RICHMOND, Va. (WRIC) — The next group of Virginia residents is now eligible for the COVID-19 vaccine despite VDH reporting that the demand for vaccines is surpassing their supply.
Phase 1b includes frontline essential workers, people 65 or older, and people 16 to 65 with underlying health conditions. It also includes people living in correctional facilities, homeless shelters or migrant labor camps.
Several large scale vaccination events are planned in the Richmond area this week. Roughly 8,000 locals are expected to get their first shot in the coming days. To learn more about getting vaccinated in Richmond or Henrico, click here.
As these efforts are underway, the state’s future vaccine efforts are in limbo. The state is currently administering roughly 20,000 doses of the vaccine a day. The ultimate goal is to give out 50,000 a day.
However, on Saturday VDH reported a shortage could make those plans difficult. “Last week, we had 300,000 dose requests by hospitals, health departments, private providers and pharmacies,” said Dr. Danny Avula, who is leading the state’s vaccine rollout. “But we could only meet 105,000 of those,” he said.
Dr. Avula added it was the first time that the demand has surpassed supply in the state. He said it may be weeks or months until things change.
“I don’t worry about our ability to get vaccine out. I worry about our ability to draw vaccine down from the federal government if it’s just not there,” he said.
Thousands of Virginians also still need their second shots. “At least right now, there’s not going to be a huge release of second dose vaccine,” he said. With that said, Avula told 8News he’s confident the federal government will send a second dose for each Virginian. “So far, the federal government has delivered on all of those second doses. He explained that the federal government is keeping track of when first doses go out and will send second doses to the same providers three weeks later.
The state may soon be getting more weekly doses as well. Over the weekend, Dr. Anthony Fauci said the AztraZeneca and Johnson & Johnson vaccines are just weeks away from being approved by the U.S. There’s also a new presidential administration preparing to take over the country’s COVID-19 response.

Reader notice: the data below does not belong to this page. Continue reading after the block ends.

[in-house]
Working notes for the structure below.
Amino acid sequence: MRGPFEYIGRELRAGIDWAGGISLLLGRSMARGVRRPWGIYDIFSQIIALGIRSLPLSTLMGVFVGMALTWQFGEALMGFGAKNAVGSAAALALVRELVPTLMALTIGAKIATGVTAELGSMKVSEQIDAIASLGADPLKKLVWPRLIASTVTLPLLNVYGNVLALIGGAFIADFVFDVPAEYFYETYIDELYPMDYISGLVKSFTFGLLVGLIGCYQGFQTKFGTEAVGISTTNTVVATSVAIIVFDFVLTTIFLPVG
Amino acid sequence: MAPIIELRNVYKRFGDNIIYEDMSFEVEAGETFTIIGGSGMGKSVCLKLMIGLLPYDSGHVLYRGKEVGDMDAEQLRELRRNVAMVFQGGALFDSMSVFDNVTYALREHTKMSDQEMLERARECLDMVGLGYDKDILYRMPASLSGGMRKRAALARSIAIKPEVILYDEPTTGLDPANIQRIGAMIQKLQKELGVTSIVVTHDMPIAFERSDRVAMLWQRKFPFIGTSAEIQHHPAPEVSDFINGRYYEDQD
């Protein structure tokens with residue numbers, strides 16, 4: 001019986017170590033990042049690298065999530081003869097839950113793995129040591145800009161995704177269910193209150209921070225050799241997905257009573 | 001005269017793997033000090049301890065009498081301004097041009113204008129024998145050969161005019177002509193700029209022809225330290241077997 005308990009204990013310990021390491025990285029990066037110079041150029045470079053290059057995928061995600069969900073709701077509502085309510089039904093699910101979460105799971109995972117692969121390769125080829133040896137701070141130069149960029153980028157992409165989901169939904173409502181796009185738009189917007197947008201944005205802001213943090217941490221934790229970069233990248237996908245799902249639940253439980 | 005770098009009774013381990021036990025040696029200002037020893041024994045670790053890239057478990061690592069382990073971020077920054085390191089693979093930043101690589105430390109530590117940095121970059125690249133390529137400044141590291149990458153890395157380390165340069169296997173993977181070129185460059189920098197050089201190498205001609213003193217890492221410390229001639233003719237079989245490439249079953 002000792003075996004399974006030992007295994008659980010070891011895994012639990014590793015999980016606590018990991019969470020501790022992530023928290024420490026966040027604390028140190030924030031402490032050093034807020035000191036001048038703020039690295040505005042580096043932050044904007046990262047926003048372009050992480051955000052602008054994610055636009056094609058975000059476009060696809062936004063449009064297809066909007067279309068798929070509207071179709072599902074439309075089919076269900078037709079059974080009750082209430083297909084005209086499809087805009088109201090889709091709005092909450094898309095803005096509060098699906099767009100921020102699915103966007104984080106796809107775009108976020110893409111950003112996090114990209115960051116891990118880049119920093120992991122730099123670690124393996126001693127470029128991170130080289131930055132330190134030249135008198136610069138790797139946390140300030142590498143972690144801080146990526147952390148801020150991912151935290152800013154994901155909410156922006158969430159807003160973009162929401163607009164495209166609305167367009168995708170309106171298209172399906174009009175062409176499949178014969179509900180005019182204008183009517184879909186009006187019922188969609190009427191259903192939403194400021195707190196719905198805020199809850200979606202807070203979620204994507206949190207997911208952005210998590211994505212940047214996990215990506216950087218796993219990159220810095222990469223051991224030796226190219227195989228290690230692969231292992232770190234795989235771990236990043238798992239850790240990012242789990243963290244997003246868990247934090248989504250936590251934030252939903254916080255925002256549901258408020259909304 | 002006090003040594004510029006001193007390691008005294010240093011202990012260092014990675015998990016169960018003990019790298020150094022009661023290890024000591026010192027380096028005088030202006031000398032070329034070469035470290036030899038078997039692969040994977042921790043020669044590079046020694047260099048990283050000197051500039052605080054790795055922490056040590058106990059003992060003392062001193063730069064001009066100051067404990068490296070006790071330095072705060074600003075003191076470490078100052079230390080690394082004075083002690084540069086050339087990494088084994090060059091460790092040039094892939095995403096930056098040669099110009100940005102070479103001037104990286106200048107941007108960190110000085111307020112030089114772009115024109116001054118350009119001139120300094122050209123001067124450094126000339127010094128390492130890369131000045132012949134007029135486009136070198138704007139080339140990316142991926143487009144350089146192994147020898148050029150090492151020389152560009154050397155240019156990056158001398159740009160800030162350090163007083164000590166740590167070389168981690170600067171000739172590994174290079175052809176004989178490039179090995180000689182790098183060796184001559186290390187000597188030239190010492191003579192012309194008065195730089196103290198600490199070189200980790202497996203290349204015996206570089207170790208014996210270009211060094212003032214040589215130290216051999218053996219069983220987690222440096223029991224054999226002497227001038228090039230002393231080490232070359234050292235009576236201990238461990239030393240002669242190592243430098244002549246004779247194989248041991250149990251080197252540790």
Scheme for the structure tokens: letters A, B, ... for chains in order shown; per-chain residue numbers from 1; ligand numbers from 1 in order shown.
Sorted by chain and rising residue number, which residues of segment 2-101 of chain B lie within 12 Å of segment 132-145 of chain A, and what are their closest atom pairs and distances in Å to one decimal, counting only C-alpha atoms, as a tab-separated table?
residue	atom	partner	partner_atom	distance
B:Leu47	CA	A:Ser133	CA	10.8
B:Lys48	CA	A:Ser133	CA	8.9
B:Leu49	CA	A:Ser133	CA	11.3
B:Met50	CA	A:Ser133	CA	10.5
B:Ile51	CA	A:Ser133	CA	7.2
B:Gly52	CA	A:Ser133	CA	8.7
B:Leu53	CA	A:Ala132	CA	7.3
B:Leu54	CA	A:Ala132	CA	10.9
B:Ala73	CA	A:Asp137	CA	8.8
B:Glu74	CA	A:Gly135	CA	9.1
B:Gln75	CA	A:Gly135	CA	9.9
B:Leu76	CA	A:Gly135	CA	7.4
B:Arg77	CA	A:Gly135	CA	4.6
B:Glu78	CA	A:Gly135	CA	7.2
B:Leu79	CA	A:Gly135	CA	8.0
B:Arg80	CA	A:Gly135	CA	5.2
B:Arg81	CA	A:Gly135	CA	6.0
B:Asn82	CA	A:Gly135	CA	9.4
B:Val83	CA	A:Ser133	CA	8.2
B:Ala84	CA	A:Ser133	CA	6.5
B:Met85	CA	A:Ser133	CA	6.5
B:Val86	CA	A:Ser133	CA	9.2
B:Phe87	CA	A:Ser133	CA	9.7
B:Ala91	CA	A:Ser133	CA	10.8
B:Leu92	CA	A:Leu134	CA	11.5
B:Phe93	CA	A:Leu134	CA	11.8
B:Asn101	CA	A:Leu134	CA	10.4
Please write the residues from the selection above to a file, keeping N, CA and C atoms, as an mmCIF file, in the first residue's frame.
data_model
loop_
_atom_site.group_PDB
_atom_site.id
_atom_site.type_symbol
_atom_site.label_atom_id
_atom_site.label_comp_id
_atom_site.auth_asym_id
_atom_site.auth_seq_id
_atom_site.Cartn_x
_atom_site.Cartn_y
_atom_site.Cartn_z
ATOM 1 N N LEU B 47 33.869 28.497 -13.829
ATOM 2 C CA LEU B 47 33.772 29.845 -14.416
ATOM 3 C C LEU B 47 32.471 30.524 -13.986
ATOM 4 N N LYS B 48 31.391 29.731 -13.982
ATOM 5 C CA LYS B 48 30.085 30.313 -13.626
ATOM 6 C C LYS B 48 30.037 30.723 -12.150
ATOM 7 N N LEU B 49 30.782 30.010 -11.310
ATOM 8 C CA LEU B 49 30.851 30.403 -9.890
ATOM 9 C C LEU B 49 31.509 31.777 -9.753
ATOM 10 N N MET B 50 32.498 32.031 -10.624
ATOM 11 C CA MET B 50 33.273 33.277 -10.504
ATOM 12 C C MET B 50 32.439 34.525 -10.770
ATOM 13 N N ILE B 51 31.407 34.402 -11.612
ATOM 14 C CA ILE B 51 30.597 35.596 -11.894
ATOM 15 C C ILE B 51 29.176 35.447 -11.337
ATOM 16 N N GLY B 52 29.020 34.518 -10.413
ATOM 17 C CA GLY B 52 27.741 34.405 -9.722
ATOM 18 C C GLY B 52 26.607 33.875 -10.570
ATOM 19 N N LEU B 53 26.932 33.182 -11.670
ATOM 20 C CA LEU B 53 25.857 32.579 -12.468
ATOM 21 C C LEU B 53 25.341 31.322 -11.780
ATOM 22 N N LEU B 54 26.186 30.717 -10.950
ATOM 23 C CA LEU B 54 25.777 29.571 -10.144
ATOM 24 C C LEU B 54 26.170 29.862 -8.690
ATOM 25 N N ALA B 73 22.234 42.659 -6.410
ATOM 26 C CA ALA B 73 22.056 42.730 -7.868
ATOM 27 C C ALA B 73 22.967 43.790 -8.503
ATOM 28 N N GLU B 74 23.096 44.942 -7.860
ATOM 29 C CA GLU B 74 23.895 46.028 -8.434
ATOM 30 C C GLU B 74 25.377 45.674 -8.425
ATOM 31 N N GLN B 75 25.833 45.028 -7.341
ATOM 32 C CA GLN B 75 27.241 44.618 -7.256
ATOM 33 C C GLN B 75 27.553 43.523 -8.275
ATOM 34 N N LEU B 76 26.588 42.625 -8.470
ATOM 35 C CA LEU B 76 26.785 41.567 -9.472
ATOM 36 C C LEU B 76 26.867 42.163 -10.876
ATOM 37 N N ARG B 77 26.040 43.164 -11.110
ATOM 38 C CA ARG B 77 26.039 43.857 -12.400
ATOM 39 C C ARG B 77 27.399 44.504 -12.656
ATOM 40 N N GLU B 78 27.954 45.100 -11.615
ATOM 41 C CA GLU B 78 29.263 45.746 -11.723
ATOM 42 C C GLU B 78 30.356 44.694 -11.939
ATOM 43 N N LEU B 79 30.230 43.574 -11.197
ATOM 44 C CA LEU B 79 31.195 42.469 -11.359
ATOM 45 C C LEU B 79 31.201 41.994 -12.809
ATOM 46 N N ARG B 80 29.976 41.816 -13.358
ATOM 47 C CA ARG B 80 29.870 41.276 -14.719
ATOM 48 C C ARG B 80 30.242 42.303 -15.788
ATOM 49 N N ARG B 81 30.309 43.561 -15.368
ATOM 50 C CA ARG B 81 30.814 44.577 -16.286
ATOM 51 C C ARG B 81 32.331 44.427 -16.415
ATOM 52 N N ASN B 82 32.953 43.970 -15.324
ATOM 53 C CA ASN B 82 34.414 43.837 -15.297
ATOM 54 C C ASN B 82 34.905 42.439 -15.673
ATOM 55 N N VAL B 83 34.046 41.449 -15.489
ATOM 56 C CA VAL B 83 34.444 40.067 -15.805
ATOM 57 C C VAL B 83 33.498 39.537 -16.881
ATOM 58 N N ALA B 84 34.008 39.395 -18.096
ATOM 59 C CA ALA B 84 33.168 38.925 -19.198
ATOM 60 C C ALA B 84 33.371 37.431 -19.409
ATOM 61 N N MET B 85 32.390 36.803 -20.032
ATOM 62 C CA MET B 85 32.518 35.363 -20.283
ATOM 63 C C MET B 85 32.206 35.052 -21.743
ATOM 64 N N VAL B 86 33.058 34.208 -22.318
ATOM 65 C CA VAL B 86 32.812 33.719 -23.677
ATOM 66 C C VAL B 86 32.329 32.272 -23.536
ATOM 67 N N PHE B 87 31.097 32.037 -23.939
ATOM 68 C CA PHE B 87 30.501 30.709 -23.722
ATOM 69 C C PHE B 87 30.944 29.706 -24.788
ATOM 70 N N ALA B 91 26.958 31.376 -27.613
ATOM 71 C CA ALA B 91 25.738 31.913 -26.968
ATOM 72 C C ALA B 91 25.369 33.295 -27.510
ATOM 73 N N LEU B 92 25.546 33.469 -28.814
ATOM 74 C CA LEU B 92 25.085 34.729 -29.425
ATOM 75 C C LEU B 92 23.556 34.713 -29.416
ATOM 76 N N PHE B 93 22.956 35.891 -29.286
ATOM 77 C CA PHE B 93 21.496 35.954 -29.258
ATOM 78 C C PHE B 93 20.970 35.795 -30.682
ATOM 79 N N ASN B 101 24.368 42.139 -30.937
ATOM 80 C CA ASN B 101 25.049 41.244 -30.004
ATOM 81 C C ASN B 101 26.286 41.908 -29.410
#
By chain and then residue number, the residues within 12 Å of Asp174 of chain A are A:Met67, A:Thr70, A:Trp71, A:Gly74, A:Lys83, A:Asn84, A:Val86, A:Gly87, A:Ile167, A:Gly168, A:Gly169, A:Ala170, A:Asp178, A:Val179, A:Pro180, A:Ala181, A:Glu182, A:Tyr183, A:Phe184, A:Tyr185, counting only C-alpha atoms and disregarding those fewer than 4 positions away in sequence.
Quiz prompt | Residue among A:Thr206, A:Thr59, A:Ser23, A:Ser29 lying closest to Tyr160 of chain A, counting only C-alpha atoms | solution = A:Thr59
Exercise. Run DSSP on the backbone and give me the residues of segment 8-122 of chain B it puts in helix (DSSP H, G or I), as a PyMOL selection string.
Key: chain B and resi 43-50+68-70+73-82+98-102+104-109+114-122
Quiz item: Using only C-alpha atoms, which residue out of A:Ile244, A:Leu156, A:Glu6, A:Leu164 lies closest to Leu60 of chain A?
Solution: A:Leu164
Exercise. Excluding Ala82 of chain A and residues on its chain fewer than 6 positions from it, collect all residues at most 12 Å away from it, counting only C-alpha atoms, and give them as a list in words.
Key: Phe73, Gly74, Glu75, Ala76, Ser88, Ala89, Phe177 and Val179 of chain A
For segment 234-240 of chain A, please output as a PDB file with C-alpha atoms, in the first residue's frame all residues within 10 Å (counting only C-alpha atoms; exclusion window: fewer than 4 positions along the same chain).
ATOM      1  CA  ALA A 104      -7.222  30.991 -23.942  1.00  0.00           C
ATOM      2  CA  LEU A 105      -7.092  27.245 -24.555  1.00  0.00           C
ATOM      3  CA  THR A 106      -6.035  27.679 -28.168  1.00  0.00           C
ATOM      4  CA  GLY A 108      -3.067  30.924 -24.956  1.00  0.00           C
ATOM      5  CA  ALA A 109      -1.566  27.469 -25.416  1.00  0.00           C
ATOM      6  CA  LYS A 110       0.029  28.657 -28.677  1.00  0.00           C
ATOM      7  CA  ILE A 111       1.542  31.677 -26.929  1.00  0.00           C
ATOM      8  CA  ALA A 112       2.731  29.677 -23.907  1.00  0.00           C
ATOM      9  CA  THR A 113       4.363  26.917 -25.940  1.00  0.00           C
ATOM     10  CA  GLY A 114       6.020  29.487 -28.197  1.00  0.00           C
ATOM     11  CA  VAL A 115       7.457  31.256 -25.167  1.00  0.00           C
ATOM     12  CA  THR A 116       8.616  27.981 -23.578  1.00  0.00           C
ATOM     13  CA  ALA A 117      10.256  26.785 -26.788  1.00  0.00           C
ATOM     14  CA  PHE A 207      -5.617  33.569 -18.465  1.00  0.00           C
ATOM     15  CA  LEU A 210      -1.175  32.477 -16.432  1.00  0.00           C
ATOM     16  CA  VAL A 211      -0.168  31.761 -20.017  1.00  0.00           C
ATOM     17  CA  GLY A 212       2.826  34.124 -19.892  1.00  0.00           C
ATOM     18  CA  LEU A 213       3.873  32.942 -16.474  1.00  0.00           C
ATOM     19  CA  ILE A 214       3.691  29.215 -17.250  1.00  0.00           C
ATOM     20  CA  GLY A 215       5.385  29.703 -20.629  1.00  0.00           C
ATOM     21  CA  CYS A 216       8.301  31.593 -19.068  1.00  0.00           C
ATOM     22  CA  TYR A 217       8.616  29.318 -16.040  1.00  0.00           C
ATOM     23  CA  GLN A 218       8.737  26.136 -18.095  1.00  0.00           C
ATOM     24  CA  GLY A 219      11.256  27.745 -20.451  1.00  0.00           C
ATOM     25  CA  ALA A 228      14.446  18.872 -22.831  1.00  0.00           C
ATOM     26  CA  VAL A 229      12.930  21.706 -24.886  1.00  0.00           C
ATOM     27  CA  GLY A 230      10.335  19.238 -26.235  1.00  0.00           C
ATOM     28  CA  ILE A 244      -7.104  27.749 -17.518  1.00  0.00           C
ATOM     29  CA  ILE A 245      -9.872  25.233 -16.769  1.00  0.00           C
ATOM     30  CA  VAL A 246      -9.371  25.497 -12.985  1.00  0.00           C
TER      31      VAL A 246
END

“With the Biden administration coming in, what they’re saying is that they’re putting more money into ramping up production. So the possibility exists that there will be more vaccine sooner than later,” Dr. Avula said.
As the shortage has no tangible end in sight, Avula is also urging people who can safely stay home to hold off on getting the vaccine for now. “I really want us to allow our elderly and those with serious underlying conditions to get to the front of that line.”
State health officials hope to vaccinate a majority of Virginians by early to mid-summer. However, because of the shortages, some folks eligible under the current phase of vaccinations may not get their shot for some time, according to Avula. “With the supply constrained as much as it is, that will likely be a couple of months for some of those folks in 1b,” he said.
Incomplete data entries could also pose a threat to the amount of vaccines given to the state. Avula said not all data is being entered into VDH’s system. In turn, health officials don’t have an accurate picture of how many doses have actually been given out versus how many have just been distributed. “I suspect there’s probably upwards of 200,000 doses that have been done, shots in arms have taken place, but that data hasn’t been appropriately uploaded into our system,” he said.
To solve this problem, Avula said a new team of ten VDH employees is starting this week to work with providers to make sure data entered is correct and troubleshoot any problems.
Virginians who want to know when they can get the vaccine can visit the VDH website and find out their eligibility.
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